I took an uncharacteristic stand the other day. I said: Echo. I want you to wipe yourself when you pee. In our world that's seriously drawing a line in the sand. I think some cowboy music played and a tumbleweed skittered past as we stared at one another. I was watching the words as they came from my mouth. I didn't know I was going to say that. She was filtering the words across her brilliant mind, figuring out what that actually meant, practically speaking. Eventually she asked me why.
In those thirty seconds I had three thousand thoughts swim past. Because you are five. Because I want to keep doing what I am doing instead of stopping to wipe your butt. Because you can. Because I watch two years-olds skip past us at the Children's Museum and take care of their potty needs without a parent in sight, let alone on-site. Because I worry that I created an attachment monster with you, spending so much time with you at my side, in my arms, on my body, on my mind that I am thwarting your natural growth. Because I have visions of you at age nine waiting for me to come and wad up toilet paper. Because I compare myself to other parents. Because sometimes one issue stands for ten others. Because sometimes one issue tries to stand for who I am as a person, or who you are becoming as a person.
But I didn't say any of that. I said: Because you are almost five. And because you can. She argued that perhaps she wasn't actually capable of doing it, but I reminded her of all the kids at Xi's Montessori school that are younger than her and never have an adult with them in the bathroom. She sighed. Reached over, got some toilet paper, and wiped herself. I helped her pull up the thirteen layers of underwear, pants, and skirts she had on, and she skipped merrily out of the bathroom.
Since the showdown she has asked me to help her and once I said I would that one time, but not the rest of the times, other instances I said I would come and keep her company. So I've been keeping her company, standing there dying of impatience as she rips one square of toilet paper at a time, then carefully folds it and stacks it onto a precise stack before wiping. It would be faster and easier to do it for her. FO SHO. But I breathe deeply and look at her little profile and appreciate her negotiations of this world in which I decide most of the parameters.
She's my girl.
And we've raised her with attachment parenting principles- sleeping together, nursing on demand, being available to her, carrying her on our bodies, and her interests reflect that. But she also is who she is, a tender, loving, affectionate girl who, of her own accord, likes all of this attachment. She pets me and counts the ways she loves me. She courts me with tender phrases. She opts to spend every minute of her day within reach, even when other people and options beckon.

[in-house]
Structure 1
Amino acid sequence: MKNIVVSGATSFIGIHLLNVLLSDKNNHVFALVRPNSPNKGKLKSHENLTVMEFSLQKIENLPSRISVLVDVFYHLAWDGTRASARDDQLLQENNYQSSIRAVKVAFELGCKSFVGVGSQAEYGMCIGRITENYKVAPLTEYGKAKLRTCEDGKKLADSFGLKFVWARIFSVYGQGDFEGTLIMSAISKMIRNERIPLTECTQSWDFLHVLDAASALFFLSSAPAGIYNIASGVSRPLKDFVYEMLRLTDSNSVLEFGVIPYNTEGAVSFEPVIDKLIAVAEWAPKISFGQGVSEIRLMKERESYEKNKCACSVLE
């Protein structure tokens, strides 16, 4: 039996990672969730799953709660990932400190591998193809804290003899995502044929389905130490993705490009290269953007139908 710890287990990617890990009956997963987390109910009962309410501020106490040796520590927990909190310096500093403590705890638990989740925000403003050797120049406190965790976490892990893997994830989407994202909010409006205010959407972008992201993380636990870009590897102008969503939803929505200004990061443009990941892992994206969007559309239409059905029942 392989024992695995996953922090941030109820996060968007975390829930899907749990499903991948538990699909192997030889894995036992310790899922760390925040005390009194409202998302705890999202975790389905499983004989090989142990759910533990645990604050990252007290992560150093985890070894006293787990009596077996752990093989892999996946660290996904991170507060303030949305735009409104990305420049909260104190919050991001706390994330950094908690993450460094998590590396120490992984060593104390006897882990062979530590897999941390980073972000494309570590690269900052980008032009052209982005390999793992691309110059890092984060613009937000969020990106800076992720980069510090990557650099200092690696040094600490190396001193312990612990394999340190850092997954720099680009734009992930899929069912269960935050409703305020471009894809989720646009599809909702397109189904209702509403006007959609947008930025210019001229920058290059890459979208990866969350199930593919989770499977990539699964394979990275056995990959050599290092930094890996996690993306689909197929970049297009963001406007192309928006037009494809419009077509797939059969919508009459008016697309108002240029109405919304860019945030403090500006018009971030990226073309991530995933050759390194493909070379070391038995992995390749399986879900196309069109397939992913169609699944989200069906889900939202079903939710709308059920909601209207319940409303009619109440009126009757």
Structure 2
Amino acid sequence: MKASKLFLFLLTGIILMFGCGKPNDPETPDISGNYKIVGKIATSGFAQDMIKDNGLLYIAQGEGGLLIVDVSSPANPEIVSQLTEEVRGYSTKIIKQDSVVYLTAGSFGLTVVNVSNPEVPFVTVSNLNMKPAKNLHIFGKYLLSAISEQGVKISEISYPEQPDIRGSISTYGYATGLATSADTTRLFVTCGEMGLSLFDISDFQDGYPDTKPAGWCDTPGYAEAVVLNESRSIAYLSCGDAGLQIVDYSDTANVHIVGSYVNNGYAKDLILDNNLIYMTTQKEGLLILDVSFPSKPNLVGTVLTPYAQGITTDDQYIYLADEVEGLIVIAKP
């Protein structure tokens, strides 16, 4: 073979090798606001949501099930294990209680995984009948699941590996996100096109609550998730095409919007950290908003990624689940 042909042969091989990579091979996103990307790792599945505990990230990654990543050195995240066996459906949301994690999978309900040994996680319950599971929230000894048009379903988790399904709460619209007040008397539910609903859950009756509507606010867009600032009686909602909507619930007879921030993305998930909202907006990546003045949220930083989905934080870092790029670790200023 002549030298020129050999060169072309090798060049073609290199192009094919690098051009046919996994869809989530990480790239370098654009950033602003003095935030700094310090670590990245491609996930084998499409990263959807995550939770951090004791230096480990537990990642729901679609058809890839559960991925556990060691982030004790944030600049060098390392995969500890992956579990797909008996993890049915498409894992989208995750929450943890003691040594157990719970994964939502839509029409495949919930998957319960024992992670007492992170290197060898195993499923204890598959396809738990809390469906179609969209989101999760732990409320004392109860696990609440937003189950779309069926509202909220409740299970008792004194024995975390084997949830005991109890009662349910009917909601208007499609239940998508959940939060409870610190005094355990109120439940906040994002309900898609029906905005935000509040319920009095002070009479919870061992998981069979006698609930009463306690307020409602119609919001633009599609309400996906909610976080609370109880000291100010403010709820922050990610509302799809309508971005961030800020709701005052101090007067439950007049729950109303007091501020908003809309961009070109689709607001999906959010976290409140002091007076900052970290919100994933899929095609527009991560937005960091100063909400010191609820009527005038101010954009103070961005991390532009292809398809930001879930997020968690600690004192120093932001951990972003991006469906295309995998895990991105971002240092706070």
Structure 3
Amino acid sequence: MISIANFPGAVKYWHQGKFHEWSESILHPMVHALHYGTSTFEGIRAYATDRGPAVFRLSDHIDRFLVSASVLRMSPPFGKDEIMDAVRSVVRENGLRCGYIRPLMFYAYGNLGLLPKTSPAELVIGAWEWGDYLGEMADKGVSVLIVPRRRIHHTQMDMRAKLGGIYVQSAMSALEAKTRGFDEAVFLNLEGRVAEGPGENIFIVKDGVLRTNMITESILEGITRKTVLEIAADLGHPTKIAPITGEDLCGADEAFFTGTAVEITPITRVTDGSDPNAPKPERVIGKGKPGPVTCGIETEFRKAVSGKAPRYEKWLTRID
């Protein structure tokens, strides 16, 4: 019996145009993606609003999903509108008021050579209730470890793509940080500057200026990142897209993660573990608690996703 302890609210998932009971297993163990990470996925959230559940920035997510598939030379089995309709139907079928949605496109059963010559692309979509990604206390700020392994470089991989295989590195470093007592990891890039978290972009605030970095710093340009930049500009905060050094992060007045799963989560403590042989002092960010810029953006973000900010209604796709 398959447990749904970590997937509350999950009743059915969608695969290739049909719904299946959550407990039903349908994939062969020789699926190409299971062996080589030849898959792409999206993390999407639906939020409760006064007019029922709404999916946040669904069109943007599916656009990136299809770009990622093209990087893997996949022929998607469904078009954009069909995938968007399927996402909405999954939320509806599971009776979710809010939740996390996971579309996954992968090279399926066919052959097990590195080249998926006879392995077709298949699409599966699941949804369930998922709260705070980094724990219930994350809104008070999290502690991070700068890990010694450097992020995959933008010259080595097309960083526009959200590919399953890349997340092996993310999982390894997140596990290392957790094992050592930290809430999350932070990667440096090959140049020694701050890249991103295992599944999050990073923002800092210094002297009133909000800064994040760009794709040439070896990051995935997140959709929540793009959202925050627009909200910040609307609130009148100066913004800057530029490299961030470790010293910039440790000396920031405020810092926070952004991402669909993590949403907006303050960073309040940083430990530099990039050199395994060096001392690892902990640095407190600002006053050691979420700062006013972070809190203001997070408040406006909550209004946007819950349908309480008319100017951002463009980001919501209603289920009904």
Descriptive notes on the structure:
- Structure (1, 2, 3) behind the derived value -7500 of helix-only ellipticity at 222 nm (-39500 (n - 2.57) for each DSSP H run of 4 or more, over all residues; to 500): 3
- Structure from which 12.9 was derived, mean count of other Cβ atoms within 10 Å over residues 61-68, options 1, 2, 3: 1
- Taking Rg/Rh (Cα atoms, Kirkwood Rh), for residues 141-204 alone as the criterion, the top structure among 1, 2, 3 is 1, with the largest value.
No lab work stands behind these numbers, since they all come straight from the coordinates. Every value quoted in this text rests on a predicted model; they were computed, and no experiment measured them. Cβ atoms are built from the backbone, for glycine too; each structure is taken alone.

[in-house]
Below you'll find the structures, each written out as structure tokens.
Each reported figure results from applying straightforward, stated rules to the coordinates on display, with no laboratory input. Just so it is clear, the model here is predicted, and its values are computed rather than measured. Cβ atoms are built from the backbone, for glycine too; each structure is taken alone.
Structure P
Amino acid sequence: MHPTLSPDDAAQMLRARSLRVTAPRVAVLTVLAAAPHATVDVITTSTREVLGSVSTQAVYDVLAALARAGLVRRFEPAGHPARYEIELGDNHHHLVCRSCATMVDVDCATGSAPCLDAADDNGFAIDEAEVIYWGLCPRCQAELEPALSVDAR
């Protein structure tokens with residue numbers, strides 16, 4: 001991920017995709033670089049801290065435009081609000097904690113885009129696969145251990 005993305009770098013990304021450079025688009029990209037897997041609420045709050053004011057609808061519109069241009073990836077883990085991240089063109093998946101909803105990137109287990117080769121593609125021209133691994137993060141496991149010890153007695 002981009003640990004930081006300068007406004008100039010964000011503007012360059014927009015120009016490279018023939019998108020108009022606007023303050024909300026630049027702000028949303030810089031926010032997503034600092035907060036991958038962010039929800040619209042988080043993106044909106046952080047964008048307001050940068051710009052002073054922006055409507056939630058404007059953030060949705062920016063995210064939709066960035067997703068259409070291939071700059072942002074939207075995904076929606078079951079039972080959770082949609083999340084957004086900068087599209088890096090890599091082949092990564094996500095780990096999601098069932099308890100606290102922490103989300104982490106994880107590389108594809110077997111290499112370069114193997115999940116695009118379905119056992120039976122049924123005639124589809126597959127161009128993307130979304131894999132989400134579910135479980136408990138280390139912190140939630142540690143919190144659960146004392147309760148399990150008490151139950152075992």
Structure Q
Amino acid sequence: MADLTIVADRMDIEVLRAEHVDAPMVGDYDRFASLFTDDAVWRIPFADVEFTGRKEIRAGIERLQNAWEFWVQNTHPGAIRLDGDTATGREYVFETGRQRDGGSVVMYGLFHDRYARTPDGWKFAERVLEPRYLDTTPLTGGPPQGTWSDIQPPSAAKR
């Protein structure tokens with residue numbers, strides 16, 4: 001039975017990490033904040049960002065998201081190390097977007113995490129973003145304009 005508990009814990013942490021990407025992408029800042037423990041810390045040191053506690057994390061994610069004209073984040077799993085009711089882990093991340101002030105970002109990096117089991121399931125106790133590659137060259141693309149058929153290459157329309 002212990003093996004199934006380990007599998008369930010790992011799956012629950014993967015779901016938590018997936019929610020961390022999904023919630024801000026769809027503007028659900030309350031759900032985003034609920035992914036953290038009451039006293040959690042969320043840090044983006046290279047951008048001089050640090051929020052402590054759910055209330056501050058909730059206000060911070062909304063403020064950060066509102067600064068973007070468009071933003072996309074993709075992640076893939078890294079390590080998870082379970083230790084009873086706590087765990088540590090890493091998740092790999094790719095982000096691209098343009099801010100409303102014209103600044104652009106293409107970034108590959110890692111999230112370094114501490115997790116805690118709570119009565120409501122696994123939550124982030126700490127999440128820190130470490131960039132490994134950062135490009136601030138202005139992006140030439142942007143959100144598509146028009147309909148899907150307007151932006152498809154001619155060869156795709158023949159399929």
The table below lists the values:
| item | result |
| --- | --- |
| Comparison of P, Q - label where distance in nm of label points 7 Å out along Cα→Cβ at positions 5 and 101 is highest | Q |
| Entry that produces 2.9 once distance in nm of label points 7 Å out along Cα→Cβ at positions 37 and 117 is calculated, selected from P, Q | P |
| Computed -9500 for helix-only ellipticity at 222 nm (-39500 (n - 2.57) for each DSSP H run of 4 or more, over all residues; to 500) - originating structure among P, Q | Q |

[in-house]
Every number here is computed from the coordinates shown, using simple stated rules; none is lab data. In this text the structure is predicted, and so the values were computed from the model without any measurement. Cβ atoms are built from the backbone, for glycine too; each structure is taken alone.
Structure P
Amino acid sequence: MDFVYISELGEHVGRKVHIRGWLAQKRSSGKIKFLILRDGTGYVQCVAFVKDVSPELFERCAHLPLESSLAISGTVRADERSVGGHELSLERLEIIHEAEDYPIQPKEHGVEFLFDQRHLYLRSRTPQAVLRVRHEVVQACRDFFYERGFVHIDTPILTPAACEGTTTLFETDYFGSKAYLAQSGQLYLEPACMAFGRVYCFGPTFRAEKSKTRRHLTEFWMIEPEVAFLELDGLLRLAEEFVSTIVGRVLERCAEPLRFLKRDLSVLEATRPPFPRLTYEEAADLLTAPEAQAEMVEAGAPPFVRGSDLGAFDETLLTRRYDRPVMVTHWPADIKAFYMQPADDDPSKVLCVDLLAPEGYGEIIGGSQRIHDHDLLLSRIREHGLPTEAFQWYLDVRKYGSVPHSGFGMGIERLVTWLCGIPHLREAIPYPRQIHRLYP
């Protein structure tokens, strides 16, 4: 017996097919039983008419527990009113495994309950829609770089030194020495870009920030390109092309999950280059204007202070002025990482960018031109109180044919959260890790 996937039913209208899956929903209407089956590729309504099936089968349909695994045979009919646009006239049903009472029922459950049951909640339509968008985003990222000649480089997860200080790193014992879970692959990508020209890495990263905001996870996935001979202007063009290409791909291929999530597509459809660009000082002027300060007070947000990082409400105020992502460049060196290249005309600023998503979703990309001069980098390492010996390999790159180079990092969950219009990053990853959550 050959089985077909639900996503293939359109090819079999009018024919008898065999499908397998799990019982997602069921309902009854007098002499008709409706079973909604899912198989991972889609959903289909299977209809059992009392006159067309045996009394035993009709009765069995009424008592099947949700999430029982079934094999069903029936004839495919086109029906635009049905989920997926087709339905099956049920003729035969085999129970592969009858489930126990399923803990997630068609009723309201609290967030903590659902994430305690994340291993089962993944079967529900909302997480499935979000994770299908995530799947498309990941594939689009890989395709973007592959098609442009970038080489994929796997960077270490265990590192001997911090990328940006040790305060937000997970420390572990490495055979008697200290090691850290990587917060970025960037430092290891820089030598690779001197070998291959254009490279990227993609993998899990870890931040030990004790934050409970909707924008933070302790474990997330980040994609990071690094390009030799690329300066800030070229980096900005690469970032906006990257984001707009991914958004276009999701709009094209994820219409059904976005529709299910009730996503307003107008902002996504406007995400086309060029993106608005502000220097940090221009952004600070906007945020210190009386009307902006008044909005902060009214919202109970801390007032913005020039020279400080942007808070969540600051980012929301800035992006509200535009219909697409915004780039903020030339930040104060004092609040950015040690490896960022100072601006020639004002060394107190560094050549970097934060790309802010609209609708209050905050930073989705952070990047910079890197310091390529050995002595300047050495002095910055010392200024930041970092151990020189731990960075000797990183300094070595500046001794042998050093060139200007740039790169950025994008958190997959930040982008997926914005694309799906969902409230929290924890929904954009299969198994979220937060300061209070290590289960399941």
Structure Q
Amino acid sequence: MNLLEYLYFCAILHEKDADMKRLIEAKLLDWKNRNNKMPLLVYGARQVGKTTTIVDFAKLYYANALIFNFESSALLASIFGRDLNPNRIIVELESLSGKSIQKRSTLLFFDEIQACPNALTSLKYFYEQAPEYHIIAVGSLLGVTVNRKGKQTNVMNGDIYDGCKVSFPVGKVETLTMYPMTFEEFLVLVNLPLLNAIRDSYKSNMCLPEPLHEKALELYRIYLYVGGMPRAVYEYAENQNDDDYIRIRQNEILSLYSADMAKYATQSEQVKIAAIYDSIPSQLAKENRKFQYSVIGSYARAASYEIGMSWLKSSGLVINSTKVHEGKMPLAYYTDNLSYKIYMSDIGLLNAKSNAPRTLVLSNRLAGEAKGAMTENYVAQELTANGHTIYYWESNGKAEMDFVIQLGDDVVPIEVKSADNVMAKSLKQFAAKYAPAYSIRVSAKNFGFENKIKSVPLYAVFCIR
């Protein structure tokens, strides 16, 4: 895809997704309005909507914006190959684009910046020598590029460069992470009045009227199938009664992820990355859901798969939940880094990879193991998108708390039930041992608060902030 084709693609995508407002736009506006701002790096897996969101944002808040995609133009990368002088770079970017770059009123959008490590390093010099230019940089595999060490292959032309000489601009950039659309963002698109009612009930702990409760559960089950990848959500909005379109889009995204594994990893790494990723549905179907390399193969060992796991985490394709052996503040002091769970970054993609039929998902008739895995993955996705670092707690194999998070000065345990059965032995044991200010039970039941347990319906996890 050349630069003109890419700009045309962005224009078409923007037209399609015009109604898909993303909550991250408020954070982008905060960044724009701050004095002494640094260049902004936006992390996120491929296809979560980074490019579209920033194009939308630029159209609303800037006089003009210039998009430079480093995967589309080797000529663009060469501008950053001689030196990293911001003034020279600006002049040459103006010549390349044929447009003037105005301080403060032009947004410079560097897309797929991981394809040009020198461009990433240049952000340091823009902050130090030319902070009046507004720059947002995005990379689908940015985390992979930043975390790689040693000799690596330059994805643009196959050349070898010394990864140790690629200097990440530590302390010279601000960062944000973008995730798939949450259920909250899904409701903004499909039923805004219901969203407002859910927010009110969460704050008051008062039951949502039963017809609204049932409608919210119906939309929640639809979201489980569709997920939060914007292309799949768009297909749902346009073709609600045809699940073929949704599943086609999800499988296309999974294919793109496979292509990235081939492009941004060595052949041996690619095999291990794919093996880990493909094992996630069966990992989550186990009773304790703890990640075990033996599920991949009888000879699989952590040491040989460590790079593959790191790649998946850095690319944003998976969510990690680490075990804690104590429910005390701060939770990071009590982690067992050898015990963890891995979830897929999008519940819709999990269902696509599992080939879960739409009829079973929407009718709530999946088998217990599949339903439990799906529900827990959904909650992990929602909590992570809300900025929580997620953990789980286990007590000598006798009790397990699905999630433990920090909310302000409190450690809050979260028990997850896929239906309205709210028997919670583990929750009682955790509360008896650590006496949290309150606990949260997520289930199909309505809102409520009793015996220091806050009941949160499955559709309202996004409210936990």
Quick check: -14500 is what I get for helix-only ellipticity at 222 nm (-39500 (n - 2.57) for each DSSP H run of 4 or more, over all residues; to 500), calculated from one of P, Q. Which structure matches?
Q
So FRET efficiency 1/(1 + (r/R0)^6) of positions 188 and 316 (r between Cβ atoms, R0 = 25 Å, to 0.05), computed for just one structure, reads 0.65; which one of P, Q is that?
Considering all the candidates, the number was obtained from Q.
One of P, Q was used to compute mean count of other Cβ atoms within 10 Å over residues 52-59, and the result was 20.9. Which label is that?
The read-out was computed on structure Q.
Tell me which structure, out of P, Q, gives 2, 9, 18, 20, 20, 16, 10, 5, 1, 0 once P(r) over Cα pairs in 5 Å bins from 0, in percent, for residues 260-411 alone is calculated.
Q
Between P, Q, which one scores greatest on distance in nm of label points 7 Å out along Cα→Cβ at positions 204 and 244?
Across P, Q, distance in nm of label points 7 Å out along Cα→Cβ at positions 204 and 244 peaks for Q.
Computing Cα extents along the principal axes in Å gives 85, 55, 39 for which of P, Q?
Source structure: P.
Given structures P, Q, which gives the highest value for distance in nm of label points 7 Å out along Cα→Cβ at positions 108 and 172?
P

When I am secure in myself, when I am trusting the process of her unfolding this closeness feels perfect.
I Love Her So Much
When I am my little self, when I compare and doubt, and fret, I wonder if her development is "normal". At recess duty she is on my back in our shopworn Ergo, or next to my legs. She plays with the children that happen to be visiting me and my legs. She's almost five and has no desire to run wild with packs of new buddies. She bundles up in four hundred layers of down to accompany me on winter runs even when home is toasty and filled with toys and sisters and Papa. When I am my little self I don't see a girl, an incredibly lucky girl that is allowed to unfurl her wings at the pace that makes sense to her, I see cause for concern.
Then I notice her prance her way to the bathroom, do her business in seconds flat and scurry headlong back into her game.
Then we are at the coffee shop and she stops me at the threshold of the women's room, letting me know that she'll be out when she's done.
Then she asks to go around the block on her running bike. Without me.
Then she runs into my parents' house without looking back and spends five hours without any concern for my whereabouts.
Then she leaves the play area of the children's museum, locates the snack pack among the coats and settles herself in the eating area. Munching. Alone in the other room.
Then I shame myself for doubting. Then I remind myself that the whole point of attachment parenting is to fill these kids up with so much security in their early life that their steps into the world are firm and sure.
Then I wipe the tears that threaten to spill as I stand outside the public restroom, and walk a whole half-block behind her as she travels the world on her own.